In about five weeks, I’ll venture back to China for what will be my sixth year abroad, and my fourth country to call home. I never planned to be gone this long, but now I have no plans of returning. It’s funny how things work out.
I like my home in Shanghai, and don’t often feel homesick; but from time to time, I’ll find myself missing the States. Or Korea. Or Colombia. Home has become something of a relative concept, so it’s hard to actually be “home-sick.”
Lately though, I have been thinking a lot about my two years in Bogota, and the wonderful memories associated with Colombia. So I made a list. Here are the top 10 things I miss most about this former “home” of mine:
1. The Scenery
Colombia might possibly be the most beautiful country I’ve visited. From the Andean mountains, to the Tatacoa desert, to the Caribbean and Pacific beaches, to the Amazon jungle, I miss it all. And man is it beautiful.
2. The Fruit Juices
Sure, you can get fresh squeezed juice pretty much anywhere in the world, but I guarantee it’s nothing like what you can get in Colombia. And if it is, you’re paying about 5x more for it. Whether it’s fruits you’ve heard of, like mango, passion fruit, or papaya, or more exotic choices like lulo, guanábana, or feijoa, you’re in for a treat.
I’m not gonna lie, when I first moved to Colombia, I wasn’t so impressed by these highly-praised corn cakes. But something happened over those two years and I became addicted. Topped with eggs, ham and cheese, stuffed with doble crema, or stuffed with an egg, then deep-fried, these things are legit.
Don’t know what tejo is? Well, it’s the country’s national sport, and it pretty much consists of throwing stones at dynamite disks, while drinking large amounts of beer. It doesn’t get much better than that.
For my Spanish-speaking audience, I’m not talking about my love of bridges. I’m referring to the many long weekends created by moving national holidays to Mondays, in order to create numerous 3-day weekends throughout the year. This allowed me to explore the country and visit many of my friends’ nearby fincas (country houses).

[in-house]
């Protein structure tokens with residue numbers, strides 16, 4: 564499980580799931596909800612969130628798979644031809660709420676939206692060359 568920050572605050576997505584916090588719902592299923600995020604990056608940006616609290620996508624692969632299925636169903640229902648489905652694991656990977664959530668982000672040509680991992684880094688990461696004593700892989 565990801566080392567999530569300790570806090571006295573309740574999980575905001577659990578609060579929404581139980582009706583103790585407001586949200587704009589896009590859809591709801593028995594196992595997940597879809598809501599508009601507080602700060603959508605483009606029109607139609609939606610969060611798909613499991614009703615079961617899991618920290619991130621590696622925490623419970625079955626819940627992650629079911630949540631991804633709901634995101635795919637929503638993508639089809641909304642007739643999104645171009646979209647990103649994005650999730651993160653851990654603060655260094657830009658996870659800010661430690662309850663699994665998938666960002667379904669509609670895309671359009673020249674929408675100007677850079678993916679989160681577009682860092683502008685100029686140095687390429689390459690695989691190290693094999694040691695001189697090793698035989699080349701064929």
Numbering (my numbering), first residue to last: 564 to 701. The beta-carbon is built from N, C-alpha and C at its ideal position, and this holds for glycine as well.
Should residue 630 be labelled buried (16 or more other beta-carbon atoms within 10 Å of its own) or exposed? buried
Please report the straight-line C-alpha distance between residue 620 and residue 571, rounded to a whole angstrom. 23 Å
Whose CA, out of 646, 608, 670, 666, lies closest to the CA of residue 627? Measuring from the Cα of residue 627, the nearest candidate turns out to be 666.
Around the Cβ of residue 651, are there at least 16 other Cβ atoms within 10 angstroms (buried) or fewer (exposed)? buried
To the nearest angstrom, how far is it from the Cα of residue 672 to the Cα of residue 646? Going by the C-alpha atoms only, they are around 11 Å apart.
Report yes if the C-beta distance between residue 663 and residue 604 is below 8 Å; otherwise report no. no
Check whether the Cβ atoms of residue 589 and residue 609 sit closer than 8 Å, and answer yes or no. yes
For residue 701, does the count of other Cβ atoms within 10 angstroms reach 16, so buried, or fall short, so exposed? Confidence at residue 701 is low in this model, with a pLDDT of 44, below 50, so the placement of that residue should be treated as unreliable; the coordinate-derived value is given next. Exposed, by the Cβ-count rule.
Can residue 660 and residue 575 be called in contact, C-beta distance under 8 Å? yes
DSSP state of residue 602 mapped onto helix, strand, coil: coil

6. Salsa Dancing
Whether it’s in the salsa capital of Cali, at a local restaurant, or even at a karaoke bar, Colombians are pretty much always down to dance. And while it’s possible to go to a salsa bar in Shanghai, there’s something about those Colombian men and their hips. Let’s just say it’s not the same.
I was actually living in Bogotá during the World Cup games, and I feel very fortunate to have had that experience. Whether I was watching the games in cigarrerías, viewing a big screen at one of the parks, or celebrating in the streets with shaving cream and confetti, I was really able to understand the passion and developed a whole new appreciation for the sport.
8. Menú del día ( Or “ejecutivo”)
Image courtesy of Salsamentaria.
Ok, another food item to talk about. And it’s a good one: the famous “menú del día,” or “menu of the day.” Colombians typically eat their largest meal at lunch time, so this offering is served between the hours of 11-ish to 3-ish. It’s available at pretty much every restaurant, and includes fruit juice, soup, a little salad, a choice of protein (chicken, beef or fish), rice, and often times a dessert. Oh, and it’s usually around $5.
9. The People
Image courtesy of my friend and travel partner, Zak Mann, from our time in Cartagena.
After reading the reasons above, it should be no surprise that the people are what truly make this country special. From my Costeña roommate who reminded me of Sofia Vagara, to my soccer-obsessed coworkers, and the old ladies who made caldo around the corner of my apartment, I miss them all. And look forward to the day when I can see them again.
10. Speaking Spanish
This may come as a shock for anyone who knew me during my time in Colombia, and especially to my fellow classmates in my Spanish class. But, the truth is, I miss the language. I miss hearing it. I miss speaking it. I even miss making a fool of myself on a daily basis. And for those of you who have studied Spanish and traveled in a variety of Spanish-speaking countries, you will truly appreciate the video below.
Tell me: Have you been to Colombia? What’s one thing you miss?